The Floo Network also serves another function, namely communication between distant fireplaces via Floo talking (OP 740). In Order of Phoenix Harry not only sees Grimmauld Place, he is seen by and has a conversation with the disloyal house-elf Kreacher who inhabits it (OP 741). Now we have a real mystery on our hands, for it would seem that Harry’s head is in the fireplace at Grimmauld Place and his body is still firmly planted at Hogwarts in Umbridges office. It would appear that his head and body are still connected, but how is this possible under the circumstances given the large distance between these two places? It seems unlikely that Harry’s neck is elongated to the point where it literally traverses all that distance, so it would seem that the connection between his body and his head is a magical and not a physical one.
Time travel: The tensed versus the tenseless view of time
In Prisoner of Azkaban, Hermione makes use of the Time-Turner–a device that allows Harry and her to time travel. But before we say more about these events it is important to get straight some basic facts about time travel in general. First, we need to understand that there is only one conception of time in which time travel makes sense, namely, the tenseless theory of time. The common-sense view of time is the tensed view which holds that time, unlike space, flows or becomes . On this view, time, like a river, is a dynamic or changing entity. According to the tensed theory of time, the future is undetermined, unreal, and open. The past is set, but long gone like faded fireworks. Only the present is real on this view, and the present is where the past and future meet. The tensed view of time is not only the common sense view, at one time it was also widely held by philosophers. Take this passage from Augustine for example: How can the past and future be when the past no longer is and the future is not yet? As for the present, if it were always present and never moved on to become the past, it would not be time but eternity .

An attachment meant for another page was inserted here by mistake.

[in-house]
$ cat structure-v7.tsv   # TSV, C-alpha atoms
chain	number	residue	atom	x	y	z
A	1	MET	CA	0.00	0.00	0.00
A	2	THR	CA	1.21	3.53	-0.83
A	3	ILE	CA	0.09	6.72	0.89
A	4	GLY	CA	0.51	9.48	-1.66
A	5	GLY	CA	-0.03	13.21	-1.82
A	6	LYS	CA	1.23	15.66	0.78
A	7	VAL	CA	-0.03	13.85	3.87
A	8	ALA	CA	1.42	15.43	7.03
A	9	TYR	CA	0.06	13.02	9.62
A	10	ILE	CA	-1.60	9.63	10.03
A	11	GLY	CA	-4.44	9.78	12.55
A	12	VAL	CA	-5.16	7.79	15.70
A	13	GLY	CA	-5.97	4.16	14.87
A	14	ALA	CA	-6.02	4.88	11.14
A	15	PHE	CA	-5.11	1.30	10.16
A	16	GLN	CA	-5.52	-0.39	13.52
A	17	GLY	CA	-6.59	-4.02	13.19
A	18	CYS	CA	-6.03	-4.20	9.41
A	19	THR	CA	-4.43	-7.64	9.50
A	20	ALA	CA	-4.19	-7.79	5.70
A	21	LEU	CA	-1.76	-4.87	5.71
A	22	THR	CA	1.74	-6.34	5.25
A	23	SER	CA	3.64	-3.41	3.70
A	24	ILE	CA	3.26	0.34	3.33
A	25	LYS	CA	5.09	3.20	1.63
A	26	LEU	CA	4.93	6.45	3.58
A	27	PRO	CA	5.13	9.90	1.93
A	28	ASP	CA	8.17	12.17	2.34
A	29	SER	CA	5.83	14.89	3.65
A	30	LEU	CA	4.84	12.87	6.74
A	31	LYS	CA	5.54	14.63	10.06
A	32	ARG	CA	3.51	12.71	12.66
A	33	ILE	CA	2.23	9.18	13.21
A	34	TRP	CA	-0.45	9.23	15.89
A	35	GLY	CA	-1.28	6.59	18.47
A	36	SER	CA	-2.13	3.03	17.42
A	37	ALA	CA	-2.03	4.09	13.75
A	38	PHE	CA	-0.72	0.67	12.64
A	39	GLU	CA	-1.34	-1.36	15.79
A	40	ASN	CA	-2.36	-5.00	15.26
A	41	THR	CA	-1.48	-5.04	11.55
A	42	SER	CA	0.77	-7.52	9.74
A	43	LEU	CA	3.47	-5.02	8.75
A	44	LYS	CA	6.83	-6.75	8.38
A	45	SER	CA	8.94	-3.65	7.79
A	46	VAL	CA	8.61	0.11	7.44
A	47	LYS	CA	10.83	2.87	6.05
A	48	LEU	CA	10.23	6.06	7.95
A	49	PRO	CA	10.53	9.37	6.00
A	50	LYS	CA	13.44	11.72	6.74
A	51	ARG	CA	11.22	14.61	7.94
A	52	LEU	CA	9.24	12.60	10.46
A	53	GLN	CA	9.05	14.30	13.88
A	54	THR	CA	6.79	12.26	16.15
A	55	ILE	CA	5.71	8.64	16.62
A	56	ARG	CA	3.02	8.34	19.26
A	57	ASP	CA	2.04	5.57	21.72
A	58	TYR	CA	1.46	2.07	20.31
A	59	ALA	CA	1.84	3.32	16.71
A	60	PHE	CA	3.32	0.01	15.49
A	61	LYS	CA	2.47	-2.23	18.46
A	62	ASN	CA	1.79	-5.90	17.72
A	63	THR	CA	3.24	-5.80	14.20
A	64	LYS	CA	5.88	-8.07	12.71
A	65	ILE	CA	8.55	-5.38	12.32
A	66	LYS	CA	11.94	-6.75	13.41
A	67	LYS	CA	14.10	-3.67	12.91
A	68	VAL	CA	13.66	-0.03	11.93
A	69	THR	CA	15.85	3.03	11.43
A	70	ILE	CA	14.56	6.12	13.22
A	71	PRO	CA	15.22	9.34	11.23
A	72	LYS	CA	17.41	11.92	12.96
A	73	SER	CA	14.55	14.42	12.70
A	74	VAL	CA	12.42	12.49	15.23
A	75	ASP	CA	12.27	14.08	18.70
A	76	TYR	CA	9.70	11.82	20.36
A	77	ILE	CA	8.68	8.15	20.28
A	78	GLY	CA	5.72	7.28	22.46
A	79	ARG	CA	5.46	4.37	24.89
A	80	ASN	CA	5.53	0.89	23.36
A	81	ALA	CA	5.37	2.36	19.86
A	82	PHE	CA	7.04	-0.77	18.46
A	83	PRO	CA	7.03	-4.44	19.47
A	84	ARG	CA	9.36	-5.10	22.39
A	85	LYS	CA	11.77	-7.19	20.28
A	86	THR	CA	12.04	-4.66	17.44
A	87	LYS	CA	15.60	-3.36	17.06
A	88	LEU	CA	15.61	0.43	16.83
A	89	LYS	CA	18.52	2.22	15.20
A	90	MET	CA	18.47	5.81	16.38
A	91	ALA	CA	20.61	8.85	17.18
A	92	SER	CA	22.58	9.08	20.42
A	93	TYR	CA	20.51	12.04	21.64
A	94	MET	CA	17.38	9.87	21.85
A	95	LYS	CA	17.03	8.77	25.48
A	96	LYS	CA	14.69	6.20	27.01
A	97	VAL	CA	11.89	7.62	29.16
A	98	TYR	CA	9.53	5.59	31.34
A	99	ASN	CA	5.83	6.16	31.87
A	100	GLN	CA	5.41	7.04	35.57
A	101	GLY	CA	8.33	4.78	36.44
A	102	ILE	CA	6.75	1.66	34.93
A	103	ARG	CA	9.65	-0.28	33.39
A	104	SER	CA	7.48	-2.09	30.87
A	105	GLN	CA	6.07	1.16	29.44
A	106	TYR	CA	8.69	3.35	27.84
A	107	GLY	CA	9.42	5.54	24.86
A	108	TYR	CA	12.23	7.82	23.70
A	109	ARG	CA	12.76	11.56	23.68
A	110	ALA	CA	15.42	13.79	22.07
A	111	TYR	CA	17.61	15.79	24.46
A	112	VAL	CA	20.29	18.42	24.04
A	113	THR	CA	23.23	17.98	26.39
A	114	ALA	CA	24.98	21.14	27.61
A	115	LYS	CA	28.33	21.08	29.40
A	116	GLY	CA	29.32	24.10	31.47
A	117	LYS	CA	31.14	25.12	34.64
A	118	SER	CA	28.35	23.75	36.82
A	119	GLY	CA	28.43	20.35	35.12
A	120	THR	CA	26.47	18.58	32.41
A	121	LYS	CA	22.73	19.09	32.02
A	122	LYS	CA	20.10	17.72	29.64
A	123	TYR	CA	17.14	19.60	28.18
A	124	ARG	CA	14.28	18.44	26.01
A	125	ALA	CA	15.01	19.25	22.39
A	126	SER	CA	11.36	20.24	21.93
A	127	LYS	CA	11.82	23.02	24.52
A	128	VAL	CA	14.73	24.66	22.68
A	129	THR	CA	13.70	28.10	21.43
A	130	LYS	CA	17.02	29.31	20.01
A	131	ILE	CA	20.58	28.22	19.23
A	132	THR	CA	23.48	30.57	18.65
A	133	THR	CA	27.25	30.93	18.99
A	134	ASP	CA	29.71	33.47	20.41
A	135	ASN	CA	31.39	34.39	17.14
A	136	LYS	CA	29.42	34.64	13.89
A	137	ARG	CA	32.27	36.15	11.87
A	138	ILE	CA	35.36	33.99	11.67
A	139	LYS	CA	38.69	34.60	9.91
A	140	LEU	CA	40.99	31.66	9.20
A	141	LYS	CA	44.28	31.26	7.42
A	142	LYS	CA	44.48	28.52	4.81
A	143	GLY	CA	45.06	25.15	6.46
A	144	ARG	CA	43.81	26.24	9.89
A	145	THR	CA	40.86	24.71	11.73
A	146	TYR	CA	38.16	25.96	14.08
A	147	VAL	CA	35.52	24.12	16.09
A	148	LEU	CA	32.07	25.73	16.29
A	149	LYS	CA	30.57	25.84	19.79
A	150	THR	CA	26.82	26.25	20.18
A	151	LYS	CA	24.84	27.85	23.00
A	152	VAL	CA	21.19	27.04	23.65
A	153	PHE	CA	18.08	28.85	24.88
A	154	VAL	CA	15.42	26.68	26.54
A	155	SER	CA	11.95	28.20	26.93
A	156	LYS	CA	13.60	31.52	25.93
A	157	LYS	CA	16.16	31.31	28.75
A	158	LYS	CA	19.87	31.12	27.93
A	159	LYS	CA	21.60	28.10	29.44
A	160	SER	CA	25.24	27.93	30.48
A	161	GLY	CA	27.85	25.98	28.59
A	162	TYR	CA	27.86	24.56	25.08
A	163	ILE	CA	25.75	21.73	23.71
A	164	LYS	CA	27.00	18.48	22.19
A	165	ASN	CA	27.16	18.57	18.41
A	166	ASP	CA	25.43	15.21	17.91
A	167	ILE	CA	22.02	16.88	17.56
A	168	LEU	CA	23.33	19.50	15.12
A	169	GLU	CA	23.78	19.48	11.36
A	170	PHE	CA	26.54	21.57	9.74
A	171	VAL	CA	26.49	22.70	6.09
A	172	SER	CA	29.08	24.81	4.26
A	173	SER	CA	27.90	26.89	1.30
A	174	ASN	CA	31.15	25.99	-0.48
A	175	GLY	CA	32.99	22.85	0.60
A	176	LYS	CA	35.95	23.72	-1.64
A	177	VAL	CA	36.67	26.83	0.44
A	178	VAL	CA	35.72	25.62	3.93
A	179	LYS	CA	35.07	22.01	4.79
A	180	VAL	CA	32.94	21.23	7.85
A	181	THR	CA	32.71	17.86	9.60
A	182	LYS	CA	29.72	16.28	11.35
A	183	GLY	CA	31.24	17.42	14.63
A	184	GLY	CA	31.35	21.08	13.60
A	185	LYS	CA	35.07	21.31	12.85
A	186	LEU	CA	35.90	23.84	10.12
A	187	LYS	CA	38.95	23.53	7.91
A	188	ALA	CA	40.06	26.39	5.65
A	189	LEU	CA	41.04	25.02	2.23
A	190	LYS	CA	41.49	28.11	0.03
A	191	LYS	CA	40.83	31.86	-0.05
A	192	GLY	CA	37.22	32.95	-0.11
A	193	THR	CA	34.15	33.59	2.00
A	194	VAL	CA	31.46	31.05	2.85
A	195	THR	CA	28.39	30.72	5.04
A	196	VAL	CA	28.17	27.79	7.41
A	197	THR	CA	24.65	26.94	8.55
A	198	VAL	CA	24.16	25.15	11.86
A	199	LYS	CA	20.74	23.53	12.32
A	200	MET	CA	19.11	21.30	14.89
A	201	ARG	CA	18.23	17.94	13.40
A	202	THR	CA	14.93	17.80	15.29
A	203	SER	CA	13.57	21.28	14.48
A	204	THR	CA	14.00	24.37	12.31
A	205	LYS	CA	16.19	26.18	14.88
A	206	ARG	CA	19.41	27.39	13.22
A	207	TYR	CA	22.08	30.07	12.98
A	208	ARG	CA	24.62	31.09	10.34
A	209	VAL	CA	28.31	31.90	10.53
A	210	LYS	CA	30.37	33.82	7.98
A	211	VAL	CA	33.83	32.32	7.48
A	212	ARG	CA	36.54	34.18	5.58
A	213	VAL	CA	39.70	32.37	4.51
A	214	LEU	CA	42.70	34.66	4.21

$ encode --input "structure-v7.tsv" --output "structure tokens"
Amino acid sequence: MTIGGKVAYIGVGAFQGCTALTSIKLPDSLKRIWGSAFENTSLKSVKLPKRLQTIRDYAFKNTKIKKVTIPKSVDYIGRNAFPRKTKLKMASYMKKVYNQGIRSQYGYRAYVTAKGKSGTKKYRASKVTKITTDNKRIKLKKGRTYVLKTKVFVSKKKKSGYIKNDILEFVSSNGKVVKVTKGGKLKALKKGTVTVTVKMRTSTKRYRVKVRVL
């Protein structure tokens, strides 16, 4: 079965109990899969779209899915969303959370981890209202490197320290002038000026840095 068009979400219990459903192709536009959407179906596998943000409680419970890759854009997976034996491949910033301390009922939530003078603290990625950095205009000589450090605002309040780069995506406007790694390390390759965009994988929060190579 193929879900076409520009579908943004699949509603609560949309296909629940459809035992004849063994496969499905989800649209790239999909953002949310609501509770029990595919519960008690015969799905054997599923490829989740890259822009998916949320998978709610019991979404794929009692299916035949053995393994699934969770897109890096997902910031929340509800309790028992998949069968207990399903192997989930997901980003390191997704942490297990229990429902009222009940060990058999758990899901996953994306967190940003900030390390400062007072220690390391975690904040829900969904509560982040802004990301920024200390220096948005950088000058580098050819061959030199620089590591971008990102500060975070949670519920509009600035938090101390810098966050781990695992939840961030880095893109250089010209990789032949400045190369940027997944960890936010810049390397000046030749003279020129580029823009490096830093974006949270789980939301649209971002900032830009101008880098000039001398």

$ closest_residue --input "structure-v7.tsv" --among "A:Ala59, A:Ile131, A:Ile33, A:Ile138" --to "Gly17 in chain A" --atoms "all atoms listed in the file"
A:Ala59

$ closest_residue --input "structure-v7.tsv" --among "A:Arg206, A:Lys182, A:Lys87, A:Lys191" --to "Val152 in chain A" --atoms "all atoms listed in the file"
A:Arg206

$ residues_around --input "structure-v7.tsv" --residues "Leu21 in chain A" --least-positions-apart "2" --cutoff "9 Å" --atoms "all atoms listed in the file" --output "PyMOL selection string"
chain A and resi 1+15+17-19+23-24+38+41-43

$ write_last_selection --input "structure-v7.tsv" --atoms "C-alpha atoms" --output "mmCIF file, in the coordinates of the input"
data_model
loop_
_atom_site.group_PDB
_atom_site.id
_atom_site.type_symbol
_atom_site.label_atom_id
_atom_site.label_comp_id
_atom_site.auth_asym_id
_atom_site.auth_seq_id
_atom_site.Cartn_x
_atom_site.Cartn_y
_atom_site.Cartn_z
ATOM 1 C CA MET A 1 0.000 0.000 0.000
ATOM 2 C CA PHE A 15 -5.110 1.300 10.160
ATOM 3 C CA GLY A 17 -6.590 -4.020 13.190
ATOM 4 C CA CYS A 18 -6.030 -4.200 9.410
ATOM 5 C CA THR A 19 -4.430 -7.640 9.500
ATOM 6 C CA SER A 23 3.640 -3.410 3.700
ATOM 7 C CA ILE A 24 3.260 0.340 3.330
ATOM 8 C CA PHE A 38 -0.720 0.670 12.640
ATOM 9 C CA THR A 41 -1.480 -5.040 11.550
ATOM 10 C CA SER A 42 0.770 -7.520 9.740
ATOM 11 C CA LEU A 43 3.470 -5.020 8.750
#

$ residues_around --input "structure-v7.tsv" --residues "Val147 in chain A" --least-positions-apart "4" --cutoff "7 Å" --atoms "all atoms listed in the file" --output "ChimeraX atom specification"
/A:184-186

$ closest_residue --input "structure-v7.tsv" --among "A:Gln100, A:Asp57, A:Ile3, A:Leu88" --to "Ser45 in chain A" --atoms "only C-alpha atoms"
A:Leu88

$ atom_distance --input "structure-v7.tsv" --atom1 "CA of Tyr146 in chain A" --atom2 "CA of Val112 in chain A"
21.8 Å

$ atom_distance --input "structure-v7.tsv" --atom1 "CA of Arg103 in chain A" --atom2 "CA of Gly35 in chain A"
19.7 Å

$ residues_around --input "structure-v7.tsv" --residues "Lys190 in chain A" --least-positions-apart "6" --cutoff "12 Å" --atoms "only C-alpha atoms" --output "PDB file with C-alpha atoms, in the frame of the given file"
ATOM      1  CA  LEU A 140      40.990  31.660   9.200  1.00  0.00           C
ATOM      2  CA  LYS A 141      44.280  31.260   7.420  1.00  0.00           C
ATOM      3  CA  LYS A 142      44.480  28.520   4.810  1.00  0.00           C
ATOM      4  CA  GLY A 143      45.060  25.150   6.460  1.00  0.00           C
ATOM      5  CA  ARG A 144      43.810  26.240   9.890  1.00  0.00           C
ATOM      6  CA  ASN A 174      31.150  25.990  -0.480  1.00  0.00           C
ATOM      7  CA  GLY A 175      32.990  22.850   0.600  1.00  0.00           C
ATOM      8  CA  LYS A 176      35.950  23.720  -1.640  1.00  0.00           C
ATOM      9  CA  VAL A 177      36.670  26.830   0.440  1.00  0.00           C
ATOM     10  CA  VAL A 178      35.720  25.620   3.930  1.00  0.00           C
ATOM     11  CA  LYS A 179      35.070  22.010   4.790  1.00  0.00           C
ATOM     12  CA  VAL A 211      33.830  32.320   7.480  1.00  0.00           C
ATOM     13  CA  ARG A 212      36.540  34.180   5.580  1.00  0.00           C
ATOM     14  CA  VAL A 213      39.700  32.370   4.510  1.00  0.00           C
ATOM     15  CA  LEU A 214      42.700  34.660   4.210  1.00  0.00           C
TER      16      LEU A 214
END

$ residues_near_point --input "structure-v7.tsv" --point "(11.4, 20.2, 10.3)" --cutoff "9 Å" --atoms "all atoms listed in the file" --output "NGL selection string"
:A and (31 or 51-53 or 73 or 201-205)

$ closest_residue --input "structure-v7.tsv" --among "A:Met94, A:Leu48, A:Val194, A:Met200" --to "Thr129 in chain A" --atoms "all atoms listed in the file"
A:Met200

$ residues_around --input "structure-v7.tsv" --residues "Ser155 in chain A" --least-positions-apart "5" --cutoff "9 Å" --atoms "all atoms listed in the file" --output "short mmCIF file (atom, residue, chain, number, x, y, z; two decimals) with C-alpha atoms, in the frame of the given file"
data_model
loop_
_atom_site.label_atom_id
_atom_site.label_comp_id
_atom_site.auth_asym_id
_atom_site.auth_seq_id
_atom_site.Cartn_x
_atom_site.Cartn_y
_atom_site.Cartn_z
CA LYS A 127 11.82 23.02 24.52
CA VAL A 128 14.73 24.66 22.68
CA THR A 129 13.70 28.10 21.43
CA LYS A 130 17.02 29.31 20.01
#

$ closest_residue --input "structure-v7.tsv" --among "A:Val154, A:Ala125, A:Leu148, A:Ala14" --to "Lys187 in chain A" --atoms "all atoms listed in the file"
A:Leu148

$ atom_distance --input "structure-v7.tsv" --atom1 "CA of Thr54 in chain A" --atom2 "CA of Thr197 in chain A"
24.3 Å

By contrast, the tenseless theory of time holds that the past, present, and future are all equally real . On this view there is no becoming, no change, and the future is not open. In addition to the three spatial dimensions, time is conceived as a fourth dimension that is very much like just another spatial dimension. Events such as your birth, graduation, and death are all equally real (though not equally present) and we can plot them on a space-time diagram just as we would plot a point on a regular map. On this block or static picture of time the universe is a four-dimensional space-time continuum. The notion of now or the present has no fixed position on this view. Indeed, past, present, and future are relative notions, relative to where you are on the space-time block. The events of your birth and death, just like Paris and Hong Kong, are equally real, they just exist at different space-time points. The temporal relations among all four-dimensional objects are fixed forever. As evidenced by the following quotation Einstein himself held the tenseless view of time because he believed, as do many philosophers and physicists today, that the relativity of simultaneity implies it: ”[t]he distinction between past, present and future is only an illusion, even if a stubborn one” .